Indian carrier Vistara entered 2020 with plans for rapid growth, but the coronavirus pandemic has kept the airline from meeting its full potential.
Vinod Kannan is chief commercial officer (CCO) at Vistara, a joint venture between Singapore Airlines and Indian conglomerate Tata Sons. He served in a number of roles within SIA from 2001 to 2017, and spent two years as CCO of SIA low-cost unit Scoot. He joined Vistara in June 2019.
“We started the year on a high note celebrating our fifth anniversary with plans of rapid expansion,” he says. “We launched services to our fifth international destination – Kathmandu - and added India’s first Boeing 787-9 Dreamliner to our fleet to start medium and long-haul operations.”
As with the rest of the world’s airline sector, normality ceased abruptly with the Covid-19 pandemic. This saw Vistara suspend operations for two months from late March during a national lockdown. Fixed costs, however, remained, and this depleted the airline’s cash reserves.
Though domestic operations resumed on 25 May, Kannan says that demand has “remained rather muted” owing to individual states imposing various travel restrictions and quarantines. In addition, regular international operations remain suspended.
Ten months into the pandemic, India is among the hardest hit countries in the world. According to Johns Hopkins University India has over 6.1 million confirmed cases. This makes it the second most infected country after the USA.
As with other carriers, Vistara saw cargo as a way to eke out some revenue. During the lockdown period, when passenger travel was non-existent, Vistara operated 34 cargo operations that transported over 220t of goods, relief material, and medical supplies. The airline’s flagship 787-9 was even commandeered for cargo work.
“As the economy is opening and the world is starting to reconnect, demand for cargo services is also picking up,” says Kannan. “We are leveraging all viable opportunities for cargo services to maximise our revenue. We continue to carry commercial cargo on our scheduled passenger flights. On a few sectors we have operated special flights carrying cargo on seats as well.”
The airline has also conducted some repatriation work under the government’s Vande Bharat mission. In addition, “transport bubble” arrangements with other countries have seen limited operations between Delhi, Mumbai and Dubai, as well as flights between Delhi and London Heathrow.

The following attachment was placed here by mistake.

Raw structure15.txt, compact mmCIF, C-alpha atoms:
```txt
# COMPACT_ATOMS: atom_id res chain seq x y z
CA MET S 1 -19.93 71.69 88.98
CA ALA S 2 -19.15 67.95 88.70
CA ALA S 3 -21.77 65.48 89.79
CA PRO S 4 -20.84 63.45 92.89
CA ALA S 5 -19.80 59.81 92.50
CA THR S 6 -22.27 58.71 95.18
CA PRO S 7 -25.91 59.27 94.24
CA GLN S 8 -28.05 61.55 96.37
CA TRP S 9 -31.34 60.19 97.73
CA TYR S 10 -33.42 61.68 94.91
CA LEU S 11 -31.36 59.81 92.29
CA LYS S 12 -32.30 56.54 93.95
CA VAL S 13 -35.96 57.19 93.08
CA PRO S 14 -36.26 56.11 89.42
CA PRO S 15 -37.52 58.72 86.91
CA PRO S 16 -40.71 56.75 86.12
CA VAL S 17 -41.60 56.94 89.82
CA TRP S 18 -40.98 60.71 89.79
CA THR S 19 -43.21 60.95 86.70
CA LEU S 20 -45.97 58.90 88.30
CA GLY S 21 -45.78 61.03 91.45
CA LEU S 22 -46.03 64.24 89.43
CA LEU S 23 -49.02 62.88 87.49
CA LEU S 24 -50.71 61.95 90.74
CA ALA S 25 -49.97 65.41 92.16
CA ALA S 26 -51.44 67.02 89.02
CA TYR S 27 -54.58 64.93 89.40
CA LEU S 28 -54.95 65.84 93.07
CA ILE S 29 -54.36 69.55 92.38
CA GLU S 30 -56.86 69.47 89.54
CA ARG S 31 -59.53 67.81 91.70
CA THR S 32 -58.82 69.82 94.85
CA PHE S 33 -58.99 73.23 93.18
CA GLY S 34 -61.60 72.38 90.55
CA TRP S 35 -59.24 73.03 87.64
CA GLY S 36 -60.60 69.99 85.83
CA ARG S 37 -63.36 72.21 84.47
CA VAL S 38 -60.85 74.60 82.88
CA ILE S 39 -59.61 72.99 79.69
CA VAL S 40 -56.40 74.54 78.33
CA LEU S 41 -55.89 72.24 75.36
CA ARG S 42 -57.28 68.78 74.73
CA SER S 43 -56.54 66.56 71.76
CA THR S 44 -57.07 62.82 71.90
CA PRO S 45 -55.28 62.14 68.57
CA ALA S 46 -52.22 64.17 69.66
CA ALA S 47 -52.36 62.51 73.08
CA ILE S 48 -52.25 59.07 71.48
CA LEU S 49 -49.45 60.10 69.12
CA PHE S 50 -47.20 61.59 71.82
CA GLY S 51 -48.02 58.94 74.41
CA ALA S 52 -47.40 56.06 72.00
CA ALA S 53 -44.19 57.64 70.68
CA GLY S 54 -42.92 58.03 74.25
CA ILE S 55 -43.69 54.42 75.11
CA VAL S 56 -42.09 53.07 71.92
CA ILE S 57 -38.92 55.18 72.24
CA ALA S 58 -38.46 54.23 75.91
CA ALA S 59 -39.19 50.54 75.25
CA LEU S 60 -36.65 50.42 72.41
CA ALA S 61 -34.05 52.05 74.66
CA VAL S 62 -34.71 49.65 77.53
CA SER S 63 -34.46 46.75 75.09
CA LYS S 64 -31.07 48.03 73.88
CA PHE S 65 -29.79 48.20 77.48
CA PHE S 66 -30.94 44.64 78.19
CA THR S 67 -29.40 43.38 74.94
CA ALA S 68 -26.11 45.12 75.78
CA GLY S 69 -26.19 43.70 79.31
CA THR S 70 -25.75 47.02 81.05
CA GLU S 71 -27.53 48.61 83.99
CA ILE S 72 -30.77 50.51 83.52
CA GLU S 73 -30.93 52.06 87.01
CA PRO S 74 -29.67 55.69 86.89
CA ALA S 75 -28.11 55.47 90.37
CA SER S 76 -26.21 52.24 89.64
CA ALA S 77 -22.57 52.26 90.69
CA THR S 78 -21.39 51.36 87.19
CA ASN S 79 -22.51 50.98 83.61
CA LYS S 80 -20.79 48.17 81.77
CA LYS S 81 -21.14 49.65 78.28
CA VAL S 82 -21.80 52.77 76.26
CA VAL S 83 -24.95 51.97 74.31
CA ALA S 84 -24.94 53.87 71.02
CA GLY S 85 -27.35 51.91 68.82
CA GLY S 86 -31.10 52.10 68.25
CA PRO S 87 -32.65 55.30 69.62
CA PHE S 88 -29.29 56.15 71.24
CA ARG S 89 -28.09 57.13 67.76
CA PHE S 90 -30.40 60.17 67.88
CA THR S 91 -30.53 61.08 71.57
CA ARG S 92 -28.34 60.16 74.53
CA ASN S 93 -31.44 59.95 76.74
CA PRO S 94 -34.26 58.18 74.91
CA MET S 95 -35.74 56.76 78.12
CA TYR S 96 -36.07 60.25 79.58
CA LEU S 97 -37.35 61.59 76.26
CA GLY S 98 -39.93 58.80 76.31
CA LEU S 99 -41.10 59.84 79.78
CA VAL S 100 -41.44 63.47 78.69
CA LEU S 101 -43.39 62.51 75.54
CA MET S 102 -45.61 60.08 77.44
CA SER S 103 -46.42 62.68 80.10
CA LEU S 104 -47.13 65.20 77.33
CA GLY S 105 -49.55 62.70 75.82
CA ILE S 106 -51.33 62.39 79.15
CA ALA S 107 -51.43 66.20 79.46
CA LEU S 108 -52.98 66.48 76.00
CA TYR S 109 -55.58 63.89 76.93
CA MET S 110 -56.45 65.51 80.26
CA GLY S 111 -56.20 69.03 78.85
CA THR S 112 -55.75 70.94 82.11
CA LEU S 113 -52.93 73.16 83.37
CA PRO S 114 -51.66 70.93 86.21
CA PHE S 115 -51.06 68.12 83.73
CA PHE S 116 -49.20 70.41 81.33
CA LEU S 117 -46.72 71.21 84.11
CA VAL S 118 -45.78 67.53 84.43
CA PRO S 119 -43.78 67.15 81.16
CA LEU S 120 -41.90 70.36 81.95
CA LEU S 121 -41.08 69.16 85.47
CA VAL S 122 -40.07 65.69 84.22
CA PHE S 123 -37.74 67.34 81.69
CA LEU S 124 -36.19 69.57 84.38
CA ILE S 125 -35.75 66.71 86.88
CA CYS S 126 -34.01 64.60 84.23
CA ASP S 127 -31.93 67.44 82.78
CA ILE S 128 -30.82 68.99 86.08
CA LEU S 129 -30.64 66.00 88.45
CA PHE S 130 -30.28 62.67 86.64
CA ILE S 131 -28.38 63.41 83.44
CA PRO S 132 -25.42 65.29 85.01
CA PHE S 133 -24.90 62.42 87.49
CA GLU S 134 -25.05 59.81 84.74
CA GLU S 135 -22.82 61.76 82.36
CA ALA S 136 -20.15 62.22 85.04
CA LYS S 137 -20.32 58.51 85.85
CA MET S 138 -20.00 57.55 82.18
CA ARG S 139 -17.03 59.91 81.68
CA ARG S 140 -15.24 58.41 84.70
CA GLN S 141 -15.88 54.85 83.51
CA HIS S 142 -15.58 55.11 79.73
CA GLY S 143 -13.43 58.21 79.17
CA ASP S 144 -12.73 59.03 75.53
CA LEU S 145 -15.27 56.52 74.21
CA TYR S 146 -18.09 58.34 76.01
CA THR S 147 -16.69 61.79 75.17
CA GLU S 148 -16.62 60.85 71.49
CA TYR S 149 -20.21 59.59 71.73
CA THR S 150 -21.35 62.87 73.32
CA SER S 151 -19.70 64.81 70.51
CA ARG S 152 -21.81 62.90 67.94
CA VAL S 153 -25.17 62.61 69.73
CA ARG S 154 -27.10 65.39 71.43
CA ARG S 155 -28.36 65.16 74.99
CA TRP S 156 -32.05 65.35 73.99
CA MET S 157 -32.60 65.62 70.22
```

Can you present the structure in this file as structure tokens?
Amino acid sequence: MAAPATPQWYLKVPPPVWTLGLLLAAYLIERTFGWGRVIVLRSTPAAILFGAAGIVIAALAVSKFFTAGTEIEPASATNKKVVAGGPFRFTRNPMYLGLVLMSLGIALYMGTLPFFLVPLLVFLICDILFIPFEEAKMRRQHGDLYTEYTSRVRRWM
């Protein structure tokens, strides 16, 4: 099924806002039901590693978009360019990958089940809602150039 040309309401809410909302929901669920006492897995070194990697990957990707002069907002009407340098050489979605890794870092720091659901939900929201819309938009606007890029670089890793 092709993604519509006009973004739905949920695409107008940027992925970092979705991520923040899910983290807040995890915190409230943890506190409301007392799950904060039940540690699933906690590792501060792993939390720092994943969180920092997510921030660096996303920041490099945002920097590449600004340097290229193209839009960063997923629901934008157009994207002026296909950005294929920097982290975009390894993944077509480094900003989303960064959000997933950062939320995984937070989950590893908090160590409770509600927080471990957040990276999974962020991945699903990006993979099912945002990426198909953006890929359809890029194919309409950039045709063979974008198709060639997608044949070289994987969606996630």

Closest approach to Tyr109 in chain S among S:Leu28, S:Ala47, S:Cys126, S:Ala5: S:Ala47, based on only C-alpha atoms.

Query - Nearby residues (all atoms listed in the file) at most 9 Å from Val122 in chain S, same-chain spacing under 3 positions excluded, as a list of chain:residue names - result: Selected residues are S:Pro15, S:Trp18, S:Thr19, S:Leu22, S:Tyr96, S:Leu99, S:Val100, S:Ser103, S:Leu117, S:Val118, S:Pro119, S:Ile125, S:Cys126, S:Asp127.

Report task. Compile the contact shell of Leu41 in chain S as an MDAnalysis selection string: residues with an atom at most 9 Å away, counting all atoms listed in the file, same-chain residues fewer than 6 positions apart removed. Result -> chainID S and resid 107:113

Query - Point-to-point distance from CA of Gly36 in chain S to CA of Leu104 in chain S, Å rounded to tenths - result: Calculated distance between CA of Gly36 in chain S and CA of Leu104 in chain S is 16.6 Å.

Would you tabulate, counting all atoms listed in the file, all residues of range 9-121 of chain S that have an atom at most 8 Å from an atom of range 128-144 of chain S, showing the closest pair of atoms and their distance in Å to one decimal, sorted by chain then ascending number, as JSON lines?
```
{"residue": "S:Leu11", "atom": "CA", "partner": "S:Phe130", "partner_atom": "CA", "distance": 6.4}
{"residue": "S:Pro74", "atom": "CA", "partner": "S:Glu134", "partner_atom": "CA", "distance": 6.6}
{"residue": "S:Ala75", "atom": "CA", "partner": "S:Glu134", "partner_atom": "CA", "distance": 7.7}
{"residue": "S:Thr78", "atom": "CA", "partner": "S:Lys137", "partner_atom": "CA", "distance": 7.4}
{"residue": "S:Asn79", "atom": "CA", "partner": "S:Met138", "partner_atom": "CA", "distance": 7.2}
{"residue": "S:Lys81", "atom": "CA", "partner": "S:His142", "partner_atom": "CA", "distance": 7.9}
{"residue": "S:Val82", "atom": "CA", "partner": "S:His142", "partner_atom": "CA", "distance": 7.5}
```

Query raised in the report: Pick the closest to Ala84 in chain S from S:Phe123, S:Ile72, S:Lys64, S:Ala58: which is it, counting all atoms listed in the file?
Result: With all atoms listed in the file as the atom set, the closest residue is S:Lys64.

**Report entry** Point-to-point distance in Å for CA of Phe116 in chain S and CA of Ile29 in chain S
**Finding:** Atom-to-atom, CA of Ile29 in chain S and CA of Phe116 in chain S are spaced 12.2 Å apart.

“We are reviewing the opportunity to operate similar flights to Paris and Frankfurt as well,” says Kannan. “Other destinations are also being reviewed from an operational and commercial perspective.”
One area in which Vistara stands apart from global peers is that it has grounded none of its 43 aircraft – 34 Airbus A320 and A320neo aircraft, one A321neo, six 737-800s, and two 787-9s.
“We’ve planned operations in such a way that our entire fleet is utilised and continues to be fully functional,” says Kannan.
Fifteen A320neos, the single A321neo, and the two 787-9s are deliveries from 2018 orders for 50 A320neos and six 787-9s. While Kannan says the airline may make adjustments to the delivery schedule, it remains committed to its overall orders with the two big airframers. The six 737s, which it inherited from the collapse of compatriot Jet Airways, will be retired over the next three years.
In order to save costs, the airline has also taken what Kannan calls “the painful step” of implemting salary cuts. He stresses that communication with staff is key to shoring up morale. The airline has emphasised transparency and has a communications initiative it refers to as #inthistogeher, aimed at helping employees working remotely feel connected.
“The initiatives and programs under this campaign aimed to inform, recognise, and engage with every member of the Vistara family,” adds Kannan. “During the lockdown, we also rolled out more than 30 online courses for employees to upskill themselves.”
Kannan is optimistic that air travel demand will improve as the economy opens up. For the time being, however, potential travellers remain concerned with health and safety, as well as challenges around state restrictions and quarantines.
Still, a July customer survey indicated that demand is pent up, with 65% of respondents showing a willingness to travel before December. Of those willing to travel, 25% wanted to fly to visit friends and family, while 35% wanted to fly on business.
The airline is placing a strong focus on providing passengers “touchless” journeys, for example using facial recognition technology for passengers in India, self-check-in kiosks, and automated bag drops. The airline also offers an ancillary service where passengers can book an extra seat beside them to ensure it remains empty, and the ability to upgrade to a more premium experience for an affordable fee.
“Due to the increased focus on the health and hygiene measures, touchless is going play a key role in ensuring safety throughout the customers’ journey and will be a deciding factor for the customers to choose an airline,” adds Kannan.